The Linux Foundation today announced that ONNX, the open format that makes machine learning models more portable, is now a graduate-level project inside of the organization’s AI Foundation. ONNX was originally developed and open-sourced by Microsoft and Facebook in 2017 and has since become somewhat of a standard, with companies ranging from AWS to AMD, ARM, Baudi, HPE, IBM, Nvidia and Qualcomm supporting it. In total, more than 30 companies now contribute to the ONNX code base.

[Source: TechCrunch]

Brave 1.0 is ready for privacy-loving web surfers

Go give the Brave 1.0 browser a whirl as it’s now out of beta and in stable release form. That doesn’t mean it’s a browser for privacy-centric equines, but that it’s now available for Windows, Linux, macOS and iOS. And for folks that hate the idea of being targeted by third-party advertisers, tracked by various brands and having auto-playing videos blasted through their browsers, Brave 1.0 could open up a brave new world of browsing for them.

The browser promises to not only block adverts and trackers but to also offer Brave Ads, which are a form of adverts that will pay people to view them and not gobble their data. Such ads are delivered through push notifications rather than intrusive web page banner ads.

[Source: The Inquirer]

The ByteCode Alliance wants to bring binary apps into your browser

Back in 2015, a consortium including Google, Microsoft, Mozilla, and the WebKit project announced WebAssembly. This week, Mozilla, Intel, Red hat, and Fastly announced a new consortium called the Bytecode Alliance, which aims to foster WebAssembly and other “new software foundations” that will allow secure-by-default ways to run untrusted code, either inside or outside the Web browser environment.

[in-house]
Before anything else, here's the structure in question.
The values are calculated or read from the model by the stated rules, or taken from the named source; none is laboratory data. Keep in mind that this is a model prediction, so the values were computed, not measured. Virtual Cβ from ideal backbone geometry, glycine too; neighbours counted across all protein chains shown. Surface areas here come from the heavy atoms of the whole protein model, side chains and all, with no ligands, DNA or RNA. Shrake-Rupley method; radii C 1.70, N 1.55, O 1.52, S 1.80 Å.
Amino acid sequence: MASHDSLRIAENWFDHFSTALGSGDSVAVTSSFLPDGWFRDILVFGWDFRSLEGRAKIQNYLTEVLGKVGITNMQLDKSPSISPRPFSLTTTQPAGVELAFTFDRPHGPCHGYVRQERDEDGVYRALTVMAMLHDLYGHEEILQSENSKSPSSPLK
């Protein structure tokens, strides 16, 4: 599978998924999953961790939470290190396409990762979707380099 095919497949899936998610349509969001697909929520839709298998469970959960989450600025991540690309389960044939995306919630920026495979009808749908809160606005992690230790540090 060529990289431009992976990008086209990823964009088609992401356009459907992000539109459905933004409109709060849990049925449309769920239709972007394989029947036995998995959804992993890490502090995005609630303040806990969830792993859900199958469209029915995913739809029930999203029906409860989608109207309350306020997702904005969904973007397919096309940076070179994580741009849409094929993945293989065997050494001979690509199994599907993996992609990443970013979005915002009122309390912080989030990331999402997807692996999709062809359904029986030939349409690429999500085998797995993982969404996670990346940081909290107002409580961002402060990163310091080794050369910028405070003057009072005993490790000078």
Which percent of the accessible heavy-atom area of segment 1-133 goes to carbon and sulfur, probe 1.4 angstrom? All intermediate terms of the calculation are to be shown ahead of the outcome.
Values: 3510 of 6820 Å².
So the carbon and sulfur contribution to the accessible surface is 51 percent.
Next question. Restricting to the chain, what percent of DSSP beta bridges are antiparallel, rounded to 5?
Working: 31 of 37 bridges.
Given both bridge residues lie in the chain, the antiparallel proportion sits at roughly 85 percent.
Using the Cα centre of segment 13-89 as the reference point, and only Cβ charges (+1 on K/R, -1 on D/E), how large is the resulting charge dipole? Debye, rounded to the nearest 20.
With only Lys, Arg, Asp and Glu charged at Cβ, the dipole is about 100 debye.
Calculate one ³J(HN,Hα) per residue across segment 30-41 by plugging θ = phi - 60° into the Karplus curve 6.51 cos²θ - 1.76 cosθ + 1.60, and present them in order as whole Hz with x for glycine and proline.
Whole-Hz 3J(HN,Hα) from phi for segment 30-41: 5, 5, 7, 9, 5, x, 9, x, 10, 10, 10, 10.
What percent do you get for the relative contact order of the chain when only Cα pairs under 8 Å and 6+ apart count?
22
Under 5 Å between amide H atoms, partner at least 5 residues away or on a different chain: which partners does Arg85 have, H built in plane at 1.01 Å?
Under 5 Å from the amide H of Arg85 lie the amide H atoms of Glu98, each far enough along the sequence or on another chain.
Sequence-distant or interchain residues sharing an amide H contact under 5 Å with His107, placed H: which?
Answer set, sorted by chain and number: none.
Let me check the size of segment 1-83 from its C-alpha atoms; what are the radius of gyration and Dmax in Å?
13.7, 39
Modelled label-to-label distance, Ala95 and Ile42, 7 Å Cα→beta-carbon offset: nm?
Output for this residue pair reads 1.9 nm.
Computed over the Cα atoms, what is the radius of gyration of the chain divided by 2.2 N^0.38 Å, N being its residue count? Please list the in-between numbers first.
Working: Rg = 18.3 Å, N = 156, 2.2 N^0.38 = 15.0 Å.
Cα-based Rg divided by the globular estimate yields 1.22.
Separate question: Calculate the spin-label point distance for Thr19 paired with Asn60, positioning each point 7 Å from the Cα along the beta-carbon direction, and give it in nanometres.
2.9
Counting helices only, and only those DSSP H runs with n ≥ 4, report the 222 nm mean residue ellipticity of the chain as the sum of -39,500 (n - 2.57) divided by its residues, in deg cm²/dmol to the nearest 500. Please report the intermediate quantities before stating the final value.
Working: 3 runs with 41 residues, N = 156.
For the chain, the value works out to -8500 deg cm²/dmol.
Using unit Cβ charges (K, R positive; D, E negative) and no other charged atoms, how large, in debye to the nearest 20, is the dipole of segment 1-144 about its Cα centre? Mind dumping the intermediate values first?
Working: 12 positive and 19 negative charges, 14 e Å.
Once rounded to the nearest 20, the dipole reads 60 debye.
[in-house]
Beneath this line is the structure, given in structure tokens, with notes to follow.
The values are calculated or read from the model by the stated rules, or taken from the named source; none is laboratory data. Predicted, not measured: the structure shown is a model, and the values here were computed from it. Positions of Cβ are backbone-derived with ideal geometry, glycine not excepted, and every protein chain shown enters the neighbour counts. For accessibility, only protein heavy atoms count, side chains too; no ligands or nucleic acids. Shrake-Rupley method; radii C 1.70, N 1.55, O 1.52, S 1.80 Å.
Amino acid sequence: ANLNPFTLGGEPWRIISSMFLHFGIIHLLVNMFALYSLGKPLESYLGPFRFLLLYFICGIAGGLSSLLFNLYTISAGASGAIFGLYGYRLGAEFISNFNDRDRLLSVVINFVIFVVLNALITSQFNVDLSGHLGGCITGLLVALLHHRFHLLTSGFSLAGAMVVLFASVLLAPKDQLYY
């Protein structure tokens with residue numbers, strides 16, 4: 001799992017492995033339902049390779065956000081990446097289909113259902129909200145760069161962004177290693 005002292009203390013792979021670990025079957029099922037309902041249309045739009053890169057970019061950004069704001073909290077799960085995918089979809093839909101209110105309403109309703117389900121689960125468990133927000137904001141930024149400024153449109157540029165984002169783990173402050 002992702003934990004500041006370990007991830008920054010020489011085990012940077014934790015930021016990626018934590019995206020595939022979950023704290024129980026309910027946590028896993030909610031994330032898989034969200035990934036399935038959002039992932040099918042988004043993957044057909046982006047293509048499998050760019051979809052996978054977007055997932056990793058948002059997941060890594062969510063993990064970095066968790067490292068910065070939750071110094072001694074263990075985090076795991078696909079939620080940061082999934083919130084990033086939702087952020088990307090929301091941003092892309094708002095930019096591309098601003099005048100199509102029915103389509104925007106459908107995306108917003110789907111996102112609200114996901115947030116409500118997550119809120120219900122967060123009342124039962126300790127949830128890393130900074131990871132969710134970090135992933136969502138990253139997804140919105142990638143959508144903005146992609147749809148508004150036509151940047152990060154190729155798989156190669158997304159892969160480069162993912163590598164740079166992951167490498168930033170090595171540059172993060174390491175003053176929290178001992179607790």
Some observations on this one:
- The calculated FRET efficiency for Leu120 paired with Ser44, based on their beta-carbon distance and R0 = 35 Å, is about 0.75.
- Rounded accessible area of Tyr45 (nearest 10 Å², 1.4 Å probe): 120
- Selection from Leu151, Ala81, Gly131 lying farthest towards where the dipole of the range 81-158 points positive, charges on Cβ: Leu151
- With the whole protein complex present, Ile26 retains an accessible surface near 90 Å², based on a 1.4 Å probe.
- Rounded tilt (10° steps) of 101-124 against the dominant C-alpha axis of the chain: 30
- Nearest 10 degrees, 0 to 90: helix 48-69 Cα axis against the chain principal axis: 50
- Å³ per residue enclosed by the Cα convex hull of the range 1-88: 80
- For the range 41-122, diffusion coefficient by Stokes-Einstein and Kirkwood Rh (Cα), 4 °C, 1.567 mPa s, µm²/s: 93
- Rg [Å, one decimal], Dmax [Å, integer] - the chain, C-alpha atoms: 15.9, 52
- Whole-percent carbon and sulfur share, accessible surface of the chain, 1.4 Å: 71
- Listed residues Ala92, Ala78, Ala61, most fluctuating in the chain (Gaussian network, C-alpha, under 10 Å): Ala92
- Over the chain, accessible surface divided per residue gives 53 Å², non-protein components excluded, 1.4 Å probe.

For many, this raises an obvious question: what is WebAssembly? WebAssembly (wasm) was and is a potentially exciting project, offering a way to run native bytecode inside the browser for potentially very large increases in performance over the Javascript engines in use both then and today.

[Source: Ars Technica]

Google releases source code of new on-device machine learning solutions

Google has opened up the source code of two machine learning (ML) on-device systems, MobileNetV3 and MobileNetEdgeTPU, to the open source community. In a blog post, software and silicon engineers Andrew Howard and Suyog Gupta from Google Research said on Wednesday that both the source code and checkpoints for MobileNetV3, as well as the Pixel 4 Edge TPU-optimized counterpart MobileNetEdgeTPU, are now available.